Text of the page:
Unhedged keep an eye on it.
Is Powell a lock, and what if he is not
Jay Powell will most likely be re-appointed as Fed chairman, at least according to bets markets. The next most likely candidate is Lael Brainard, of whom I do not know much, other than the fact that she votes no when someone proposes to ease banking regulations. So I asked some serious policy nerds what they think.
My former colleague Matt Klein, from The leftovers, it said:
I think [Powell’s and Brainard’s] policy views are quite similar. . . The big difference is that he is an extraordinarily efficient politician in terms of persuading both his colleagues and Congress, while being smothered on her own side for the treasury post. The question is how much does it matter for monetary policy.
Ed Mills, an astute policy analyst at Raymond James, said:
I consider her more of a pigeon. [Appointing her] will also allow Biden to add another governor to the board, which is likely to move more pigeons …
[but] there is perception and then there is reality. The market would consider her different or at least unknown. Powell’s ease and record is an incredible asset to him.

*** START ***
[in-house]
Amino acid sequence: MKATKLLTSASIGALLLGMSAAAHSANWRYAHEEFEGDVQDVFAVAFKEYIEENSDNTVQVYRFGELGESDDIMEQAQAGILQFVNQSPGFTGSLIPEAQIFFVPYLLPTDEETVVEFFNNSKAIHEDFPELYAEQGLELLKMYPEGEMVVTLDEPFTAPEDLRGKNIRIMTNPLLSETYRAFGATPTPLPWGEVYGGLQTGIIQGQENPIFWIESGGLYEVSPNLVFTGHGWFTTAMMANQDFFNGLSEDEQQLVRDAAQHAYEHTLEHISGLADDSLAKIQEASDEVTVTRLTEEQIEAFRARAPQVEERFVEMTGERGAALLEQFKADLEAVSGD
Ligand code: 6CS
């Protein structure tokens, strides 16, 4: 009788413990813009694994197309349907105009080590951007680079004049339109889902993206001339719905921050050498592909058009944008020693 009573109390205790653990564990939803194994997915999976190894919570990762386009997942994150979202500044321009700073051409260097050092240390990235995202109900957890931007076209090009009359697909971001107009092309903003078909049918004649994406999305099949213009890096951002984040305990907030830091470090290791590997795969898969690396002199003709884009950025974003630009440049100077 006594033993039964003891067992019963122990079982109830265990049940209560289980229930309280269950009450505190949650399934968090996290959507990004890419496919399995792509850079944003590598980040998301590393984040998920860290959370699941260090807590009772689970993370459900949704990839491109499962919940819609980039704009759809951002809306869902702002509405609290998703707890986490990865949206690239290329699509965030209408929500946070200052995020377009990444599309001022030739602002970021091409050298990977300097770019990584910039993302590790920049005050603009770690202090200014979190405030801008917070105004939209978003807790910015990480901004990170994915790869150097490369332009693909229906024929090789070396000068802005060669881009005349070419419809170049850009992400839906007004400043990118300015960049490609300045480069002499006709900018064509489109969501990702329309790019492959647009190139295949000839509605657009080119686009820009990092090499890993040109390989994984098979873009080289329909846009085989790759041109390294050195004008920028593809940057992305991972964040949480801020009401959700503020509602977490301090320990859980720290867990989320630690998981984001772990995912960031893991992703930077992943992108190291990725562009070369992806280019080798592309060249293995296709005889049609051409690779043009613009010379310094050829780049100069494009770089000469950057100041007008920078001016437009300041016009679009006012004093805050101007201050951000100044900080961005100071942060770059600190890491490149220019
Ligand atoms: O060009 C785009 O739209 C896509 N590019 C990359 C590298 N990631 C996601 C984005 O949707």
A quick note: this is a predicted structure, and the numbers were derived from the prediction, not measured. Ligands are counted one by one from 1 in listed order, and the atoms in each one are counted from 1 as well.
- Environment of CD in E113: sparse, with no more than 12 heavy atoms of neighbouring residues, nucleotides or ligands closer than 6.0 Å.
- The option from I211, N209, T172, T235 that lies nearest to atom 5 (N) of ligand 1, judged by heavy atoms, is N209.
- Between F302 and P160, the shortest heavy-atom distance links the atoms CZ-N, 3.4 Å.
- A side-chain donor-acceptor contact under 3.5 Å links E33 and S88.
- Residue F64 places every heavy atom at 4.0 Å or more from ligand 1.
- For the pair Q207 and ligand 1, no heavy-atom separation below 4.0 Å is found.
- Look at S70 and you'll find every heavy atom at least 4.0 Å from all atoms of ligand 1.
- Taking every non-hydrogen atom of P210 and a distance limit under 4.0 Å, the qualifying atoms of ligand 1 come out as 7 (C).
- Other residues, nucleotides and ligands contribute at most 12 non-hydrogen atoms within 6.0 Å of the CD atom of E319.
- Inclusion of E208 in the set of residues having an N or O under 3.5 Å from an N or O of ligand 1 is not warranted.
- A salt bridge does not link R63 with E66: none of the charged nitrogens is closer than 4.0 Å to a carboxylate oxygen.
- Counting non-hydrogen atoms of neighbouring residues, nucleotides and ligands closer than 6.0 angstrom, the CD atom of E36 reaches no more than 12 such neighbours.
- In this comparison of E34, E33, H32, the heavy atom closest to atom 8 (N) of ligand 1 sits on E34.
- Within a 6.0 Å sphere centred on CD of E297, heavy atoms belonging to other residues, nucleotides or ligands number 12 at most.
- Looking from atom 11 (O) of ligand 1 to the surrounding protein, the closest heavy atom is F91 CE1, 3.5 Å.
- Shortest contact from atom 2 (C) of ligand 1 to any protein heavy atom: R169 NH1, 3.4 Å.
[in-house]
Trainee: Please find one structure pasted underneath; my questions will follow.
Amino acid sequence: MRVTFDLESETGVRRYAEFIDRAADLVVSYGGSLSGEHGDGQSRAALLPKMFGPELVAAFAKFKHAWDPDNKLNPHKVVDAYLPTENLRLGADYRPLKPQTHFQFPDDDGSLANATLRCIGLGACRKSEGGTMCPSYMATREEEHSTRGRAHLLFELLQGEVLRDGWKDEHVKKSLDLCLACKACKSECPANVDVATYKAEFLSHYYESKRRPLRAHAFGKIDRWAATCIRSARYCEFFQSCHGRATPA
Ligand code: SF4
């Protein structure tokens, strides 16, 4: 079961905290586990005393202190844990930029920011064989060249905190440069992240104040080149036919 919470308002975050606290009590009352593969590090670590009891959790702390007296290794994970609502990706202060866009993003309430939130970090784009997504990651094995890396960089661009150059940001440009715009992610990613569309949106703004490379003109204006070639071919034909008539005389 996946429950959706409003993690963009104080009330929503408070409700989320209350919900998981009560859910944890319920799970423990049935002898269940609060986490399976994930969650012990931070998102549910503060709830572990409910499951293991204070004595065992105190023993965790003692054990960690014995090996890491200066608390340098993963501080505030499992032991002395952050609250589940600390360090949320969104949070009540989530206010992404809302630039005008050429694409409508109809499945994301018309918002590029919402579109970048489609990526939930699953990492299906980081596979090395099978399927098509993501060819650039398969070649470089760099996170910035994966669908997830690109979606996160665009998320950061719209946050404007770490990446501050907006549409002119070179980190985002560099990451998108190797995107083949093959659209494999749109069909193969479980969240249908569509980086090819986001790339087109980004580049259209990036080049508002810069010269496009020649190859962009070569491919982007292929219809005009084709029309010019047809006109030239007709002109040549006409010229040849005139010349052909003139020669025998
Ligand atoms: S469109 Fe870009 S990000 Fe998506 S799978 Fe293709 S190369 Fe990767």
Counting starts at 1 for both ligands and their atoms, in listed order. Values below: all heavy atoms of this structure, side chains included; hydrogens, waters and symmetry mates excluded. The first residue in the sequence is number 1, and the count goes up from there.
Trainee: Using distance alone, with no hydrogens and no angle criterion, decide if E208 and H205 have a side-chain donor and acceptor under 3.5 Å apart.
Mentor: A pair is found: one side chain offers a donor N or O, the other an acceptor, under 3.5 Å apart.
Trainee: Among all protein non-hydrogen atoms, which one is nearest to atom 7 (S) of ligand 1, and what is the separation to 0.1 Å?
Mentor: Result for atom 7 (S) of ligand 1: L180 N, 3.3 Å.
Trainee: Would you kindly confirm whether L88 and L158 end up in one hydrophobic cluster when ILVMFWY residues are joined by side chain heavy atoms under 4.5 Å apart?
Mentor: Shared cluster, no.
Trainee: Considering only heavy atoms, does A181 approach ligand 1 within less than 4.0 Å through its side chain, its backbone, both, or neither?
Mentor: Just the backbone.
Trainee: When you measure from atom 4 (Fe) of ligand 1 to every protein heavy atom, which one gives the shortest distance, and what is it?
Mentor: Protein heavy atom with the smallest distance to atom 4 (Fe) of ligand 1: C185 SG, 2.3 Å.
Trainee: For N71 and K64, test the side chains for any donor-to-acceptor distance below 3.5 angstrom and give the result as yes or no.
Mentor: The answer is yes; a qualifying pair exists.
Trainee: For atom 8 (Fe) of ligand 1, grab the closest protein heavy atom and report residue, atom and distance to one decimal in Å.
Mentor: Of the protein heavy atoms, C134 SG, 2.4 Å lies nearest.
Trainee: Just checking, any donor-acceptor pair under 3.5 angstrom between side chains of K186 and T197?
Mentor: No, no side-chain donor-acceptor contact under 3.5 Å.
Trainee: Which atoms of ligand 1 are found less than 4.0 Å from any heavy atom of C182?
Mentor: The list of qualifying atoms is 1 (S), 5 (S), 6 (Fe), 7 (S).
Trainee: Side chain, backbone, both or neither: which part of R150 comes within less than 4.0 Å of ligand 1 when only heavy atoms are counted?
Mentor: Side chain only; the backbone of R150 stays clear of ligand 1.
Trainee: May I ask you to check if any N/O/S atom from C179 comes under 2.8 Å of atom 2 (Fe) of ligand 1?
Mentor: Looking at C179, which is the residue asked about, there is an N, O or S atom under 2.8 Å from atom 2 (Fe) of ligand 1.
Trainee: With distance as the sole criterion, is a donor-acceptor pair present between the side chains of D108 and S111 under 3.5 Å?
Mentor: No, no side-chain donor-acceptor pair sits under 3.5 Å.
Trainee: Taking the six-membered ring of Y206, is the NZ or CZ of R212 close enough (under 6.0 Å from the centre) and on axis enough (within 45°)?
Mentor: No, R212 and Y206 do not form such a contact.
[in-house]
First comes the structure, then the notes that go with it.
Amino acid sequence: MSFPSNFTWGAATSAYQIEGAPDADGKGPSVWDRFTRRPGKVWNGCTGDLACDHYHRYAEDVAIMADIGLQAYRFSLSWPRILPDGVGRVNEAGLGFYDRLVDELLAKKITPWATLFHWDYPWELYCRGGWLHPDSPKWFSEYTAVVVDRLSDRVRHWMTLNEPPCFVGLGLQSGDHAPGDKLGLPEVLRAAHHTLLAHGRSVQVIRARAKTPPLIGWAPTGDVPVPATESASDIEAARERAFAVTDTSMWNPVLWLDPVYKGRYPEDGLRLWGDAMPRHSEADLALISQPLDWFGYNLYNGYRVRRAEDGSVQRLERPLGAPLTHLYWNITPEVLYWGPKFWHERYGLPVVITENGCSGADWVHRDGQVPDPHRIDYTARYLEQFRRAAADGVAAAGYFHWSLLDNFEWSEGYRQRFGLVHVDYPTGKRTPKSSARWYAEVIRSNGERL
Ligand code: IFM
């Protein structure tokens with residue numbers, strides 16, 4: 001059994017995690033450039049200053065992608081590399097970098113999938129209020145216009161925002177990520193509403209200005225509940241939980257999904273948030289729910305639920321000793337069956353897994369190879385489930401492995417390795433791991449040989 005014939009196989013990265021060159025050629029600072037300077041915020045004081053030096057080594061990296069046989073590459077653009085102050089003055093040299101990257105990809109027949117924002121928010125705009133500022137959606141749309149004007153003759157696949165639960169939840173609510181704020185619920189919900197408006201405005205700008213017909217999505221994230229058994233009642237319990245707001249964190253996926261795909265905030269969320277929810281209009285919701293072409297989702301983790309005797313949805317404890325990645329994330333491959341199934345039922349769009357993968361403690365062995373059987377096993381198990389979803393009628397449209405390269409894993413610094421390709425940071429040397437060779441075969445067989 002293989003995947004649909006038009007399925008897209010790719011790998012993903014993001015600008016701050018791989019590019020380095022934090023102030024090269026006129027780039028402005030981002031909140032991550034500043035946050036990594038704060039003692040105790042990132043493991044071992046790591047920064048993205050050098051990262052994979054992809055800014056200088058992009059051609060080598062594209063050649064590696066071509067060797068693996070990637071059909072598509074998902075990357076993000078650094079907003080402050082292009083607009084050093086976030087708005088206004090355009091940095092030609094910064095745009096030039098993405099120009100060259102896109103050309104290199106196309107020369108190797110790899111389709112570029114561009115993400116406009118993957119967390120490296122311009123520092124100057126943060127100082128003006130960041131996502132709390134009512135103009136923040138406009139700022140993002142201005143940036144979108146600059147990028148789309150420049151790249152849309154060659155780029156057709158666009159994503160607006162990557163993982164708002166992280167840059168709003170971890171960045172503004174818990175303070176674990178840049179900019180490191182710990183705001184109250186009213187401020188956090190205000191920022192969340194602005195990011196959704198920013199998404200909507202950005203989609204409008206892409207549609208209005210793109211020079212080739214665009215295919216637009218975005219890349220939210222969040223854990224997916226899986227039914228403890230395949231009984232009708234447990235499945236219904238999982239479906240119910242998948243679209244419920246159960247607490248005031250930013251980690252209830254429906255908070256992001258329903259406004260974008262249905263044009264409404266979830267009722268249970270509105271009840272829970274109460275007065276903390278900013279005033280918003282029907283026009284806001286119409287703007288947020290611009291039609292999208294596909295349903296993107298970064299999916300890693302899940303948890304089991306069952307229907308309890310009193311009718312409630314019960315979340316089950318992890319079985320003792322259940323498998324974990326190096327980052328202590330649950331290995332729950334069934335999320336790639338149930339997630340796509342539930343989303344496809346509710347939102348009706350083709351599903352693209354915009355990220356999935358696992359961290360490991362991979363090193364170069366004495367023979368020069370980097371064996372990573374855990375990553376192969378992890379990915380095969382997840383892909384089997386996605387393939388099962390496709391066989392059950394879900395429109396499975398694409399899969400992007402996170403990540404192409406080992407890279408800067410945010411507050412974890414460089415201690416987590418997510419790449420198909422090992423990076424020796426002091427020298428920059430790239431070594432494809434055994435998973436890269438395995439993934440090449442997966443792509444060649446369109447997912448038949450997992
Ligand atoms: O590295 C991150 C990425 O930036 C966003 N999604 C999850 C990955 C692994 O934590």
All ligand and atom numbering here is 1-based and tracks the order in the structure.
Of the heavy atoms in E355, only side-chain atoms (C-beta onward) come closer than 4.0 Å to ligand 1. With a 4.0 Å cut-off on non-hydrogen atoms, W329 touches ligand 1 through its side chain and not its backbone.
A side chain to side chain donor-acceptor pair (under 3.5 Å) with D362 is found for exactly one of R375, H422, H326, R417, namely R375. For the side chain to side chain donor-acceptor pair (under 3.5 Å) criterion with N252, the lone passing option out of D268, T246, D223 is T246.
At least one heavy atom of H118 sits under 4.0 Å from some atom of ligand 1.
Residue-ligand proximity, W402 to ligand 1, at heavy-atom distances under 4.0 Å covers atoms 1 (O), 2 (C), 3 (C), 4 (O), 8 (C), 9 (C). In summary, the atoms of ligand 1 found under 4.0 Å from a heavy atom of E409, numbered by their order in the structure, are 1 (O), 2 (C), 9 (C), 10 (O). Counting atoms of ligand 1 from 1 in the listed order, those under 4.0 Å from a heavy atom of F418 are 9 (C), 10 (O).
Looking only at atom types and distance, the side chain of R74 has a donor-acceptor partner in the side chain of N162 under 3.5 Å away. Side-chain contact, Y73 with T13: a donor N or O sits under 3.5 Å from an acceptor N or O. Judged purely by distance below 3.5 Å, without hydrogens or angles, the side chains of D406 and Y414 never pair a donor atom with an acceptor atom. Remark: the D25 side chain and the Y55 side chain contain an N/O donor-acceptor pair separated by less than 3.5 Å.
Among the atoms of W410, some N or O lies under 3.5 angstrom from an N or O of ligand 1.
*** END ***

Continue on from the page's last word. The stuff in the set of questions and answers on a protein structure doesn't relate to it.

My other favorite Wall Street cop, Isaac Boltansky of BTIG, told me:
The policy differences are probably just on the sidelines. . . No matter who Biden addresses for the top job, the White House will be able to fill at least two and possibly more seats on the Fed, which will draw the board ideologically further to the dove side of the spectrum. . . We should expect a steady continuation of the shift chair that Powell has already begun rather than some sort of sudden turnaround.
Here’s a theme. Brainard and Powell are ideologically close to monetary policy, but Powell has significantly more political capital at his disposal. Given his administration’s unpopularity problem, wouldn’t Biden be crazy about not sticking with the well-known entity? Why dare an ugly Senate confirmation hearing and an ugly market reaction to simply ensure incremental policy changes?
A good read
Big maintenance of Politico along with Jeff Roe and Kristin Davison, who ran the successful Youngkin campaign for Virginia governor. It will be interesting to see if next year’s national campaigns hold at the Roe / Davison screenplay. Will Republicans run hard against the Biden’s spending bills? Here is Roe:
I wish they would have passed the Reconciliation Bill and the Expenditure Bill [before the election]. I wish they would have spent it. There’s no way to spend $ 3 trillion on making people feel good about it. You can not do that.